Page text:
Market Prices for Livestock Continue to Stengthen13 March 2013
UK - Developments in the livestock markets of Scotland and the UK have been very positive over the past month with the hog trade showing particular improvement, according to the latest analysis by Quality Meat Scotland (QMS).
While the price of hogs still languishes some 15 per cent below last year’s levels the trade has lifted some 10 -12 per cent over the past month, observed Stuart Ashworth, QMS Head of Economics Services.
“It is not just the UK that has seen this improvement. In Ireland hog prices have moved almost 5 per cent in the past month and likewise, although producer prices in France and Spain have fallen over the past month they have stabilised or improved marginally over the past week.
“Nevertheless, across the major sheep meat producing countries of Europe, lamb prices are around 15-20 per cent lower than last year for heavy, ‘UK-style’ lambs, and 5-10 per cent lower for the lightweight lambs typical of Mediterranean countries. The only exception is light lamb in Italy where the price is little changed,” said Mr Ashworth.
What is remarkable about the current trade in hogs in the UK and Ireland, he observed, is that the price improvement has occurred despite a significant increase in the volume of hogs reaching the market.
UK slaughter statistics reported an increased hog kill during January of 125,000 head, up some 13 per cent, which is a useful inroad into the expected increased carryover of more than 500,000 hogs.
“Throughput information from auction markets and price reporting abattoirs suggests that increase in kill seen in January may have increased further in February as current marketings are 25 to 30 per cent higher than last year,” added Mr Ashworth.
In Ireland, estimates of the volumes reaching export abattoirs show a cumulative increase of 30 per cent since the start of the year. Ireland recently published the results of its December census which reveals an increase in breeding ewe numbers of 2 per cent and a 7 per cent increase in other sheep which will include both slaughter and breeding hogs. However, the increase of 30 per cent in the hog kill in Ireland since the start of January suggests that this increased carryover of hogs in Ireland must be almost through the supply chain and Irish hog supplies will begin to fall back more in line with last year.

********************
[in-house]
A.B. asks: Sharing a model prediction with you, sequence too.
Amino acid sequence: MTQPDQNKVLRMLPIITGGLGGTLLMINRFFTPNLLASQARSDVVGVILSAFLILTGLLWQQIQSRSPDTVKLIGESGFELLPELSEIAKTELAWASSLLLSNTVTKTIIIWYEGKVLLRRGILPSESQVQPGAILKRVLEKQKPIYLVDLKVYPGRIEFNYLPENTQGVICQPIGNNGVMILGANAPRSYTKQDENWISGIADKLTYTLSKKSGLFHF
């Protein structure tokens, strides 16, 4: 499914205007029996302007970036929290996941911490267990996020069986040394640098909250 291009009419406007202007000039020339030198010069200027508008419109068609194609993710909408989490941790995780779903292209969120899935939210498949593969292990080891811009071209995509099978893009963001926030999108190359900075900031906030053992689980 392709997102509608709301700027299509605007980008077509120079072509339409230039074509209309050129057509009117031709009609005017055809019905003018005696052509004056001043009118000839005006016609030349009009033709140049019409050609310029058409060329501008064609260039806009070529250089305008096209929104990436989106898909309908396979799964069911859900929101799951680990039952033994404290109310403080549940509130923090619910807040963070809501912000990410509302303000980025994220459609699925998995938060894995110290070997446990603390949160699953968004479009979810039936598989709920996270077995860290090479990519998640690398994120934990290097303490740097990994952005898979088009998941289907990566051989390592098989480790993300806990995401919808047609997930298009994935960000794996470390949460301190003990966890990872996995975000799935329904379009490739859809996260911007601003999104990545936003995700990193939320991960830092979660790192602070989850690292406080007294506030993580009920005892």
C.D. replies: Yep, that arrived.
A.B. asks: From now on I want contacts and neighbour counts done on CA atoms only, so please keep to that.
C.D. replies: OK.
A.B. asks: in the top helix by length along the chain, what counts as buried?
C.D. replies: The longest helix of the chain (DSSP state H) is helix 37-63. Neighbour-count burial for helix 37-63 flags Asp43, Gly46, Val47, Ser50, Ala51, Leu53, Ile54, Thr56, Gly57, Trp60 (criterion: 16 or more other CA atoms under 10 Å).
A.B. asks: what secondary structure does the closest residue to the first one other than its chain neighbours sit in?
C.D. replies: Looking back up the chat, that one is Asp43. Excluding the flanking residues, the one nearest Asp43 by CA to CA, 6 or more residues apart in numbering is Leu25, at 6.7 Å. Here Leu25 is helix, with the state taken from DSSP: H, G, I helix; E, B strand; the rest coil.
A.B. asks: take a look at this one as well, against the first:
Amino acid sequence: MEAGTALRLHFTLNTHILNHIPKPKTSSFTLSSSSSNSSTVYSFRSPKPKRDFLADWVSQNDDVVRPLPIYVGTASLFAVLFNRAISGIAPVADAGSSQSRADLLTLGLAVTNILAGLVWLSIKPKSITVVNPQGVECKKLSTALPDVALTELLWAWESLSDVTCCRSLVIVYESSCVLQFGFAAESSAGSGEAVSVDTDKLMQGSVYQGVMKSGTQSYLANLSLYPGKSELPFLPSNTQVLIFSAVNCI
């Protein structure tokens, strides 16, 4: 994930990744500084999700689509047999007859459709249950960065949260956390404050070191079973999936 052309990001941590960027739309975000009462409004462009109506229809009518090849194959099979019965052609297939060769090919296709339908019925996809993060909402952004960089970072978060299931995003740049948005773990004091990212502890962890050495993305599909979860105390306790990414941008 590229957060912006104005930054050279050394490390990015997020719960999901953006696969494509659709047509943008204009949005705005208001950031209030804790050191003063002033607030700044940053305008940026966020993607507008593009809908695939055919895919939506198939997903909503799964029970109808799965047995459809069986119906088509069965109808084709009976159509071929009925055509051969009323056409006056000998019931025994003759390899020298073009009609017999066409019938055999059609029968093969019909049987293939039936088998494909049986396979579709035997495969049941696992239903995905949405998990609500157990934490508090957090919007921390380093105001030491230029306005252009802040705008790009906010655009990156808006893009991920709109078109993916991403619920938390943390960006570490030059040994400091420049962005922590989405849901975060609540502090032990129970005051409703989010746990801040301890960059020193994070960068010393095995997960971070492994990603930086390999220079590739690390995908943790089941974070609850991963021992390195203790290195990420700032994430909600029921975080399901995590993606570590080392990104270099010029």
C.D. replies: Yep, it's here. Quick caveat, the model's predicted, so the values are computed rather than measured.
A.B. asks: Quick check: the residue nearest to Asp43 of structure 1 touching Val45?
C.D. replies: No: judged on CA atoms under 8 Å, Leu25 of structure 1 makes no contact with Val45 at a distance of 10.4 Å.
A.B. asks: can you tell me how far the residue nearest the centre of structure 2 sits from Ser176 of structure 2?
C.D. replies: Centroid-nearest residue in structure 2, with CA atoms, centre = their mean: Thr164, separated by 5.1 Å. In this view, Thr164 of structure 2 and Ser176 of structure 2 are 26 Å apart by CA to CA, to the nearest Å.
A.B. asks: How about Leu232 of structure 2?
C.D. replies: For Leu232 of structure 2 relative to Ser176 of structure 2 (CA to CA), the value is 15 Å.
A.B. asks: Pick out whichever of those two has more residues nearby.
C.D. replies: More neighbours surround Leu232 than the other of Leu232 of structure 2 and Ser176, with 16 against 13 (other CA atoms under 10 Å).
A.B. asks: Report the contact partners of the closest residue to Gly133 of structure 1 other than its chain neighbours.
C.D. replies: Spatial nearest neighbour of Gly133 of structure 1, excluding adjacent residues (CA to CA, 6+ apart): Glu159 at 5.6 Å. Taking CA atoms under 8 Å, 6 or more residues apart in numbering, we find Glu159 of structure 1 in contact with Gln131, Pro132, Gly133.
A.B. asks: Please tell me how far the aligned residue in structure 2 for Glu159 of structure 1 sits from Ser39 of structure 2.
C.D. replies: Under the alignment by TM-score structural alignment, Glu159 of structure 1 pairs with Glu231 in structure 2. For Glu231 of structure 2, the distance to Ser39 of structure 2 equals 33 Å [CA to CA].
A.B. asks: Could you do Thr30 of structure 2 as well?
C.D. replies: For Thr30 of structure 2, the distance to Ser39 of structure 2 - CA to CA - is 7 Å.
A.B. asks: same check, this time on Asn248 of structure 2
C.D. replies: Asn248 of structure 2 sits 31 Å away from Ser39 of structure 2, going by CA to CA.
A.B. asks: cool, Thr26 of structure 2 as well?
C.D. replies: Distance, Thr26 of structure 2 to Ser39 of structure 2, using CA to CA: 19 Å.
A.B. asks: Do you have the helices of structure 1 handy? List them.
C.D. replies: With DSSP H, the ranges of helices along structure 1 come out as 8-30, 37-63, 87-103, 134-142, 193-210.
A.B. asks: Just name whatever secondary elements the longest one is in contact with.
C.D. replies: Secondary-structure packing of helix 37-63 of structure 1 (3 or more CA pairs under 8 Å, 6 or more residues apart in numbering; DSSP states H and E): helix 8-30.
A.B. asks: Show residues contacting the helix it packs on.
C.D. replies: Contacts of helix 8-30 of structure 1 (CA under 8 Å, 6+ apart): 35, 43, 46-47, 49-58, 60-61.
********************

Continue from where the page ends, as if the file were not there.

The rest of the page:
“However, such was the increase in estimated hog carryover in the UK that despite increased slaughterings the market will remain well supplied with hogs until the end of the season,” said Mr Ashworth.
“Increased supplies and increased prices, both in the UK and Ireland, implies better quality product and/or an improving consumer demand for lamb at home and/or across Europe. Price reporting abattoirs show that while the proportion of lambs grading R3L or better is lower than last year, it is higher than it was a month ago so lamb quality has improved recently.
Furthermore, latest retail market analysis from market research company Kantar shows substantial increases in sales of sheep meat in GB on the back of slightly lower retail prices. Meanwhile the retail price of beef, pig meat, poultry and fish are all higher than 12 months ago making sheep meat a more attractive option.
“Consumer demand for lamb in France, however, remains subdued and the retail price movement on lamb, while upwards, has not been as quick as the movement in pork or beef. That said, a more favourable exchange rate is making UK supplies more competitive,” said Mr Ashworth.
“While it is unlikely that hog prices will recover to the levels seen last year, the current mix of market conditions point towards the recent improvement in prices being sustainable.”